Profile Friday: David Steinlicht’s Winter-themed Comics on Display!

January 8, 2010

Information about David Steinlicht’s book signing and exhibit.
6a00d83452bfee69e20120a5e7e930970b-800wi Left: A Winter-themed comic from David Steinlicht. Minnesotans will especially relate even if they have lived here only one winter.

Have you had a chance to pick up your copy of "Cornered" yet? If not you're in for a treat as artist David Steinlicht will be on hand for a book signing at an exhibition of his winter-themed comics.

Read my earlier post on David Steinlicht's "Cornered." Visit his "In This Corner" blog. But most important, mark January 28 on your calendar and go and talk with the artist and pick up a book!

Here's what the press release says:

In celebration of the St. Paul Pioneer Press Treasure Hunt, St. Paul artist David Steinlicht will display enlargements of 12 of his winter-themed "In This Corner" comics in the lobby gallery of the St. Paul Pioneer Press, 345 Cedar Street, St. Paul.

The exhibit will be on display during the Treasure Hunt, starting Monday, January 18 and the display stay up until Friday, January 29. The gallery will be open during Pioneer Press business hours.

Steinlicht will sign copies of his book, "CORNERED!" at the exhibit from 4:30 to 6 p.m. on Thursday, Jan. 28.

The "In This Corner" comic appears Fridays in the Weekend Life section of the newspaper and often features Minnesota-centric and c-c-cold-weather humor.

In the recently-released book, Steinlicht takes a slightly askew look at our pop-culture landscape. The book collects five years of the "In This Corner" comic strip.

"CORNERED!" is published by Nodin Press of Minneapolis, and distributed by Adventure Publications of Cambridge, Minnesota, "CORNERED!" is available now at local bookstores.

David Steinlicht is a graphic artist and designer at the St. Paul Pioneer Press newspaper. He is a Minnesota State Fair blue ribbon winner for crop art. He lives in St. Paul with his wife, Delores.

    • Debbie L
    • January 8, 2010

    Hi Roz,

    I found you through Rice and read you everyday now. I bought myself a new sketch journal yesterday (300 pages – the paper is not too precious!). I really want to learn to draw and know I just have to do it, but when I look at my attempts… ugh!

    I need some drawing kick in the butt, uh, inspiration! LOL

    Help me please!! 😀


  1. Reply

    ROZ! Look what you made me do!
    May I gift you a piece of my very own made made cloth-in exuberent thanks for setting me on another creative path? That would make me happy.

    • Roz
    • January 9, 2010

    Debbie, welcome and congratulations on the new journal with the not-too-precious paper! Just what we all need. (300 pages is wappingly large—is that even a word?)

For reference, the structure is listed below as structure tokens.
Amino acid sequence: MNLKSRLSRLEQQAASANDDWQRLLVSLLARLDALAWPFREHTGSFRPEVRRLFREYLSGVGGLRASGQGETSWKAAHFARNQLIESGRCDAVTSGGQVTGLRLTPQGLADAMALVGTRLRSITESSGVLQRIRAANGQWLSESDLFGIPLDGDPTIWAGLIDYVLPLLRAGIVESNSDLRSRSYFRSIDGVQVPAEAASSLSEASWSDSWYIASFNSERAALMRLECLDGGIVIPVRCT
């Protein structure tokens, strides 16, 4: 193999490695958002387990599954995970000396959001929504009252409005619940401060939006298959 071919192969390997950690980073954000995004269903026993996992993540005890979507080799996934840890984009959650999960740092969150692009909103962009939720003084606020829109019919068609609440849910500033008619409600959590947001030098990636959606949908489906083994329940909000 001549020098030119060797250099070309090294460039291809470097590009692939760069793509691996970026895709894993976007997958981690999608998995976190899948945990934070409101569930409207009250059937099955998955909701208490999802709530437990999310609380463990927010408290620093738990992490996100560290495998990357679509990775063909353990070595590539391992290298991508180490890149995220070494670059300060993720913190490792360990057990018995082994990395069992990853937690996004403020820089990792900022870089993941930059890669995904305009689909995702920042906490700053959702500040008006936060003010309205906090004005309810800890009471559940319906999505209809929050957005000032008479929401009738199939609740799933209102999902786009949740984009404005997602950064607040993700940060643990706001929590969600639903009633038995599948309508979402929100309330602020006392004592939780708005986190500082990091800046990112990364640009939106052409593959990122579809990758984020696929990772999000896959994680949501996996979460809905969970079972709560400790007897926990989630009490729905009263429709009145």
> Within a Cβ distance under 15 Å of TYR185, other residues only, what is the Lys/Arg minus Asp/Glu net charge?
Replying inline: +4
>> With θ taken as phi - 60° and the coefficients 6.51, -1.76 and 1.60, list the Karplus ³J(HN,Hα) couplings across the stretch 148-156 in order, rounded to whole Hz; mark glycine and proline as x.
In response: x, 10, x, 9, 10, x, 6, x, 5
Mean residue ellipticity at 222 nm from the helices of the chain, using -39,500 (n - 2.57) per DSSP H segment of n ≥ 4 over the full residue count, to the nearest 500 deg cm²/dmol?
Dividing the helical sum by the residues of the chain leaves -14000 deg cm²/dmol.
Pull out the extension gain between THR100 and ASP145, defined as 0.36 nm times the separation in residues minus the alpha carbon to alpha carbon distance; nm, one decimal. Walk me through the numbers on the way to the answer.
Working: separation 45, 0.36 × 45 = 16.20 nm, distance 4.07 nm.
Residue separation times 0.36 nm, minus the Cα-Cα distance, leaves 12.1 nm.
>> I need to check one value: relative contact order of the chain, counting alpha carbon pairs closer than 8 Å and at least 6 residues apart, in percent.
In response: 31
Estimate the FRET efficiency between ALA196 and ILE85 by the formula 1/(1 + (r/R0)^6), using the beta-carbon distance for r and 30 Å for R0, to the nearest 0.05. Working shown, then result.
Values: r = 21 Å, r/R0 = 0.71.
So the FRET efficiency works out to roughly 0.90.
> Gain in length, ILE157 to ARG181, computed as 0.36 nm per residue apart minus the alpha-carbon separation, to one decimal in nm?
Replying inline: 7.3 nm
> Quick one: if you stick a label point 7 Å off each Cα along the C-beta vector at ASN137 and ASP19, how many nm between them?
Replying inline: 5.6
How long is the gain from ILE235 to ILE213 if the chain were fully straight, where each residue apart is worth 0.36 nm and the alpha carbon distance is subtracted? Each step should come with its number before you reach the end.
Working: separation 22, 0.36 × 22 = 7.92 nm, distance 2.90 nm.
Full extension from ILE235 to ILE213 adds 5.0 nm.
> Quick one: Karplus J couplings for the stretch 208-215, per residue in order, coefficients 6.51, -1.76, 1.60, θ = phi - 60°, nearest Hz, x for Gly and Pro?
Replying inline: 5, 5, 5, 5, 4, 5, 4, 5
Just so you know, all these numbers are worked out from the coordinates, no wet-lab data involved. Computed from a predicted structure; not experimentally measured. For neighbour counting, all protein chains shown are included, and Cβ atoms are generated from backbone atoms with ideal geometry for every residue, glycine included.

So here’s your kick in the butt. Get a book on drawing—I think that Betty Edwards’ “Drawing on the Right Side of the Brain” is the best. And then work on the exercises at least 15 minutes a day, without fail, even if you have a cold, even if you stub your toe, even if you didn’t get enough sleep, even if you have to get up 15 minutes early every day to do this—you get the idea. Make a committment to work on your drawing skills 15 minutes a day.

    Betty’s book is great (because she walks you through the process of learning to use your brain to see visually and does line, shading, and in the revised edition also color sketching).

    Danny Gregory’s “Creative License” is also a great book for getting you to do some daily drawing and daily journaling.

    There are other such books, but I think those are the best.

    And do it every day for 15 minutes (more if you can, but the point is to commit to something you can actually manage.

    Fifteen minutes a day is much better than 2 hours on a Saturday—you never know what’s going to happen on a Saturday, you might have too much laundry to finish or your significant other might say “Hey, let’s go to a movie”—you get the idea.

    I make my journaling students in my year-long class commit to this (15 minutes a day) and also remind them that they need 21 to 28 days to make something a habit—so you get a book, and start working and check back in after 28 days!!!

    Good luck and have fun. And don’t judge what you are doing, well Betty and Danny both talk about that so just read and work.

    It’s going to be a fun journey. You’ll learn a lot about yourself.

    • Roz
    • January 9, 2010

    Melanie, does this mean you signed up for this class in book binding. Well FANTASTIC! I’m thrilled for you.

    I would of course love to have a piece of your own handmade cloth—but what I would love even more is to have you send me a jpg of a book you’ve made and are journaling in, with that cloth on the cover. That would make me very, very happy indeed. If you’ve got enough fabric to do both then by all means I would love to have a piece—but I want to see a photo of that finished journal!

    Have a fantastic, fun journey into book making.


  2. Reply

    Dave is a genius.

    • Roz
    • January 9, 2010

    He is Ken. And we get to enjoy it! How great is that!

    • debbie
    • January 10, 2010

    Thank you Roz for the kick… I am going to do it. 15 minutes a day is doable.

    BTW, I LOVE that puppy Tucker! I grew up with German shepherds… they are awesome. I have a rescue mutt who is 2. I got him last year so missed those early puppy days but love him greatly!

    • Roz
    • January 10, 2010

    Debbie, I’ll look forward to hearing how it goes. You can sketch that pup of yours—a live in life-model! (I didn’t get Emma until she was 18 months old and we were, as Dick likes to say, “One brain in two bodies,” so the puppyhood isn’t essential.)

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